Aloe barberae in bloom (c) Debra Lee Baldwin

How to Grow Tree Aloes (Aloe barberae)

On a recent trip to Santa Barbara, I was surprised to learn how easy it is to grow Aloe barbarae, perhaps the best-known tree aloe. The how-to info here and in my new video are from renowned horticulturist Jeff Chemnick of Aloes in Wonderland, a must-see destination for succulent lovers.

Why You Should Grow Tree Aloes

If you have room in your garden and your climate is mild with a maritime influence, consider adding a tree aloe or two. Aloe barberae (aka Aloe bainesii, Aloidendron barberae), Africa's largest aloe, is sculptural, intriguing and dramatic. It's also a great source of the partial shade so desirable for soft-leaved succulents.

Aloe bainesii (c) Debra Lee Baldwin

A tree aloe's leaf clusters cast starburst shadows.

Nurseries may sell rooted, boxed specimens for thousands of dollars, but like most succulents, Aloe barbarae starts readily from cuttings---even large ones several feet long and branched.

DLB in wonderland

At Aloes in Wonderland I descended into a forest of mature Aloe barbarae. It was a surreal experience: South Africa in Southern CA. Not quite Alice-in-Wonderland, but certainly a wonderland of aloes.

In the aloe forest (c) Debra Lee Baldwin

In the aloe forest. Just out of view is the Cheshire Cat. 

After the Fire

Jeff explained that when a wildfire destroyed his previous home in 2008, it also damaged a large Aloe barberae. When he removed the tree to make way for new construction, he salvaged its intact limbs. "I dug holes and stuck them in the ground," he recalls. "Like post holes, as if you were building a fence."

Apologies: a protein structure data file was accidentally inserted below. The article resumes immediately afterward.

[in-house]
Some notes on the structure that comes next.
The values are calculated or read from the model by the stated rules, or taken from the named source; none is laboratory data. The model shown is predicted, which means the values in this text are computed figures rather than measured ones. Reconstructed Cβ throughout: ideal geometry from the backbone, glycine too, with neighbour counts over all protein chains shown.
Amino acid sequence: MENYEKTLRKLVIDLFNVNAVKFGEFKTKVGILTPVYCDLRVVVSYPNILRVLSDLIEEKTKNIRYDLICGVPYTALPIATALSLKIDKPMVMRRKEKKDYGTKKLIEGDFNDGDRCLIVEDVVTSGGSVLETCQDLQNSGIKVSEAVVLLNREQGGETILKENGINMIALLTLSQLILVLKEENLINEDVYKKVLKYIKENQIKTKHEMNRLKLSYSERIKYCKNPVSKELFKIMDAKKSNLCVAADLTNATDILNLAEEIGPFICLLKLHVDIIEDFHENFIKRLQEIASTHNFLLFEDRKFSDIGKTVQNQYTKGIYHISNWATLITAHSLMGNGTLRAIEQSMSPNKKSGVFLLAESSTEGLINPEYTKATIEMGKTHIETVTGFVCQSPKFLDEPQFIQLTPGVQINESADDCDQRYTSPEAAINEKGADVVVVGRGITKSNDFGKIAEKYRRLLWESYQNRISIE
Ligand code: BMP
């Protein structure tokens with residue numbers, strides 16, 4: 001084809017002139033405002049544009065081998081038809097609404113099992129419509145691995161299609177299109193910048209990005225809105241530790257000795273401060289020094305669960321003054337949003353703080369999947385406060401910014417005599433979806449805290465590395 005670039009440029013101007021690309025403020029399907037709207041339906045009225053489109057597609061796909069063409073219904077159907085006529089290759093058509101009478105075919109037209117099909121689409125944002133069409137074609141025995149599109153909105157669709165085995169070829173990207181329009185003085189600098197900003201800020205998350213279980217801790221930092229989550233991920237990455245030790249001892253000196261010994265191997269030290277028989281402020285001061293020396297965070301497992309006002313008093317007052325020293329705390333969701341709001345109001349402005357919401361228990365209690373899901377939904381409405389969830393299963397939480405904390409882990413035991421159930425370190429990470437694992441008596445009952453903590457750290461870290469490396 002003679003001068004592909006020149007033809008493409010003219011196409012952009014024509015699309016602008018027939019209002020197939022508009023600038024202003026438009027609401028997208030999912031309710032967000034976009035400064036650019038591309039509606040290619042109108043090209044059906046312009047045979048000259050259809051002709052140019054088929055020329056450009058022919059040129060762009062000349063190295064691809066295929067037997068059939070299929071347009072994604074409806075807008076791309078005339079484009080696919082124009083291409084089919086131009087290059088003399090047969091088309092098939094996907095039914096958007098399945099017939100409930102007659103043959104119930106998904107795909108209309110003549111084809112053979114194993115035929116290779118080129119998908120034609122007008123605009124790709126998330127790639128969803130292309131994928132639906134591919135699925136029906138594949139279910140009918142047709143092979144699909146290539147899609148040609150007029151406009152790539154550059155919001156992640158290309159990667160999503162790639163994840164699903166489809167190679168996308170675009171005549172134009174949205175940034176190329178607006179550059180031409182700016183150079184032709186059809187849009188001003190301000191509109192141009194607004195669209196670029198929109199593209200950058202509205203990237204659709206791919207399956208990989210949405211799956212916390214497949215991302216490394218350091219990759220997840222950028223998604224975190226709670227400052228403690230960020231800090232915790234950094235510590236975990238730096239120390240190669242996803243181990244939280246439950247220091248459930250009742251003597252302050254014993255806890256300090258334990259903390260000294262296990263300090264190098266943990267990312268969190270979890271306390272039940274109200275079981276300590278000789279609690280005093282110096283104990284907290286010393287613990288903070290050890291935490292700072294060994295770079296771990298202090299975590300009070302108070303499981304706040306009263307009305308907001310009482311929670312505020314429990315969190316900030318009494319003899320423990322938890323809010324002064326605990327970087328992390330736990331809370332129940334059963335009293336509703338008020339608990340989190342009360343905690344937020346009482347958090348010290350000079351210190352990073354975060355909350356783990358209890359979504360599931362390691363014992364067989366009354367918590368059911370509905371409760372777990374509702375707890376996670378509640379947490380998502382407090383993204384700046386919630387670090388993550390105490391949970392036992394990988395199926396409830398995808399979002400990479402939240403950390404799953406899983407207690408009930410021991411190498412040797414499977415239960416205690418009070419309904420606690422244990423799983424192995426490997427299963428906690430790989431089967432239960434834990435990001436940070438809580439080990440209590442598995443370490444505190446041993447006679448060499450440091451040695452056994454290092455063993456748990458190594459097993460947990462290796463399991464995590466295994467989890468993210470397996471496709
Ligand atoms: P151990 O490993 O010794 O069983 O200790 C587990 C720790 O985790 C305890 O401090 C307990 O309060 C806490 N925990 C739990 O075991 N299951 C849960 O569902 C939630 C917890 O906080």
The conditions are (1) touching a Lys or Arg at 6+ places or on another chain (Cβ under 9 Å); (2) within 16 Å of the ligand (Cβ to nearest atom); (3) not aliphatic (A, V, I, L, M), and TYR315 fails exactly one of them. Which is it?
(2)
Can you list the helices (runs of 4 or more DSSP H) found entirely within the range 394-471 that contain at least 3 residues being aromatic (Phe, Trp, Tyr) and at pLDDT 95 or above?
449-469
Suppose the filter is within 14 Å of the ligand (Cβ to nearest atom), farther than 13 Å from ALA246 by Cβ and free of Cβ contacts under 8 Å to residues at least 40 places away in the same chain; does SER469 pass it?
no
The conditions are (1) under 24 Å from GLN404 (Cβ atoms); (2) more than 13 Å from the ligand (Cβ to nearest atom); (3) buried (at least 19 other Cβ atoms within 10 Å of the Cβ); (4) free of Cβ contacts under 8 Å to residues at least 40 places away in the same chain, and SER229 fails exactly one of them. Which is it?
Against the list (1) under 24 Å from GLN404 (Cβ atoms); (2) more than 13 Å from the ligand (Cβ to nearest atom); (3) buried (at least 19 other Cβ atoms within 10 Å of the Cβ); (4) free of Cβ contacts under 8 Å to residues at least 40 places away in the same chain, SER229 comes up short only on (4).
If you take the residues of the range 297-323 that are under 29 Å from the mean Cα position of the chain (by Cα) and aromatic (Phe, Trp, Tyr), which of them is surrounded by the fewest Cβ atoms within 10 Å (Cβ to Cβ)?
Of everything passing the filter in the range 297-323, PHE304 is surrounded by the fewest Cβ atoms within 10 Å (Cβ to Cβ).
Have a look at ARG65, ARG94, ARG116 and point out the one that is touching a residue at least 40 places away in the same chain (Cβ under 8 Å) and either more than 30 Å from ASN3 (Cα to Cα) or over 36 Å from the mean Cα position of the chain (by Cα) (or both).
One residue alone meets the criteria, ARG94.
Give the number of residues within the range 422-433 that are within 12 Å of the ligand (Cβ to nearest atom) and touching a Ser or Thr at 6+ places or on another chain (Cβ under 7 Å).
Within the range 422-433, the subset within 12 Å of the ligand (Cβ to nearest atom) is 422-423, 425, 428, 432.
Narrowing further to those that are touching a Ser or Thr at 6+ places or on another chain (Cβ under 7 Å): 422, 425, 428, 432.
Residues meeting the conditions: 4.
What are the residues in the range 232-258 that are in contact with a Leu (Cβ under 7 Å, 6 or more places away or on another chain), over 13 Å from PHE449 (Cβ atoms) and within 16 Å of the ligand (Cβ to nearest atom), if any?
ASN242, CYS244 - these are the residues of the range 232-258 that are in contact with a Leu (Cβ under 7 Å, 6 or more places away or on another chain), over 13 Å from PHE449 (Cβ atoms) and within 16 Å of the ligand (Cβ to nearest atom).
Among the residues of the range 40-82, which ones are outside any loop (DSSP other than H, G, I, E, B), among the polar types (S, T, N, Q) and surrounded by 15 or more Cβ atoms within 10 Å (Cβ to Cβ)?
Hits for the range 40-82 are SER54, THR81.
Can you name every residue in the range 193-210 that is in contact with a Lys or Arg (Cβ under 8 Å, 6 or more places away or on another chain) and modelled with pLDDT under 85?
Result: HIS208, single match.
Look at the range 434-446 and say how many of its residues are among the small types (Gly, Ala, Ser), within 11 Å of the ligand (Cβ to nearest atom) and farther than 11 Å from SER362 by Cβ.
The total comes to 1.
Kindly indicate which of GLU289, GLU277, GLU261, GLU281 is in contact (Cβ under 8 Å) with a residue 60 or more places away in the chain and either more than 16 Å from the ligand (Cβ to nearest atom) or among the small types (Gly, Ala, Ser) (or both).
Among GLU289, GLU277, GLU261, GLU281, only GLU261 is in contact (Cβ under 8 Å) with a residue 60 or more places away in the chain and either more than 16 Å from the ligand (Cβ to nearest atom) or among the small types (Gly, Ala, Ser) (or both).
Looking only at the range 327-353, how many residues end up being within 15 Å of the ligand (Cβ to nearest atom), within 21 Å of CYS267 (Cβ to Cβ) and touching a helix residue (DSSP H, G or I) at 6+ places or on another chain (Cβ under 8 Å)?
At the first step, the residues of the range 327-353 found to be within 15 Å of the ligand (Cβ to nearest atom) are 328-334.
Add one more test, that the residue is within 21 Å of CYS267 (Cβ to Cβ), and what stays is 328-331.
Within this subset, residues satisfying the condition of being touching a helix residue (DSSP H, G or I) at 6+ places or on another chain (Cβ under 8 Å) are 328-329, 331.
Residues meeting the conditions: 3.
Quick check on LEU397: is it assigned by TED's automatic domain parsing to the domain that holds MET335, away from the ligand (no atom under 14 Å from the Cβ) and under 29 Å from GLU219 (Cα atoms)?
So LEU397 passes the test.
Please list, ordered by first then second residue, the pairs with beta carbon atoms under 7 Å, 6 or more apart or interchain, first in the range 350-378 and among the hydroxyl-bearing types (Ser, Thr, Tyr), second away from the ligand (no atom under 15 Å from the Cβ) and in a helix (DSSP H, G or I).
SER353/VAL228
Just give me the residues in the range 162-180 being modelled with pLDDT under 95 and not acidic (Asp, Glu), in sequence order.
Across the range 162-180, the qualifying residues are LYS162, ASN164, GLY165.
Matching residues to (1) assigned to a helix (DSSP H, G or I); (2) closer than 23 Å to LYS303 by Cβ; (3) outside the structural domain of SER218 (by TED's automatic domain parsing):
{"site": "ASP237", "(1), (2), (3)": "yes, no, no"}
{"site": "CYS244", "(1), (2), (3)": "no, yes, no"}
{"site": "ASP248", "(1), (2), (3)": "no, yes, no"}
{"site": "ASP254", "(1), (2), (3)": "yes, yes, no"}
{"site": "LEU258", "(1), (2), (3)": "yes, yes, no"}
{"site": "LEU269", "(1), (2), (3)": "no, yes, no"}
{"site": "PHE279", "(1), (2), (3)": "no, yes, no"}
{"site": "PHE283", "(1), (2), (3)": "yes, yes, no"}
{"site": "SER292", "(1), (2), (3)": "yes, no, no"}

Jeff admits it was an experiment. He had no idea what would happen. "The rains came, and the cuttings rooted and started to grow," he says. He discovered that under optimal conditions, in-ground tree aloes grow up to two feet per year!

Success Tips

Here's what Jeff advises for Aloe barberae and similar Aloe 'Hercules' (a thicker-leaved x Aloe dichotoma hybrid):


Provide plenty of sun, ideally on a slope that's not north-facing (too shady).


Give lots of room. Trunks and bases get massive over time, so don't plant close to buildings, pipes or pools. Avoid crowding a young specimen with more vigorous shrubs that might smother it.

Good Soil

Plant in fast-draining, loamy, sandy soil. The ideal pH is neutral or slightly acidic. These aloe trees like compost, too.


Don't irrigate during cold, wet months. For optimal growth and flowering, water sparingly (once a month) up to weekly during hot, dry spells.

Cold protection

Cover when frost is predicted, especially when trees are young.


In summer, apply a cactus-and-succulent fertilizer high in nitrogen, ideally with trace elements and micronutrients. "I use Peter’s, Scotts or equivalent, 21-7-7 in a 25 lb. bag, water soluble, for use with an injector," Jeff says.

Aloe barbarae propagation

Limbs with branches and leaf clusters ("truncheons") nearly always root, and having a small tree from the get-go is well worth a try.

Although some people prefer to let cuttings or truncheons dry several weeks, then root them in coarse sand (such as decomposed granite), Jeff plants them immediately. "They might take a few months to root and the leaves will fade somewhat," he says, "but once the leaves turn green again, you’re off to the races!"

Visiting Aloes in Wonderland

Aloes in Wonderland Nursery (c) Debra Lee Baldwin

Aloes in Wonderland nursery, Santa Barbara

Jeff's home nursery is a landscaped, 4.5-acre botanic garden in which every plant is for sale. Yes, earth-moving equipment is sometimes needed. And yes, he'll whack off a tree aloe limb for you.

In addition to aloes, Jeff specializes in cacti, euphorbias, agaves and other large succulents; bromeliads (notably dyckias and hechtias), and cycads (which resemble stiff-leaved, upright palms). He also leads plant-habitat expeditions to Mexico and beyond.

Debra Lee Baldwin

So, what did I bring home?

Above is my new vining Cyphostemma quinatum and---to make the Mad Hatter green with envy---an Aloes in Wonderland T-shirt. Hey Jeff, maybe do a ball cap?

Related Info on this site

Aloe petricola (c) Debra Lee Baldwin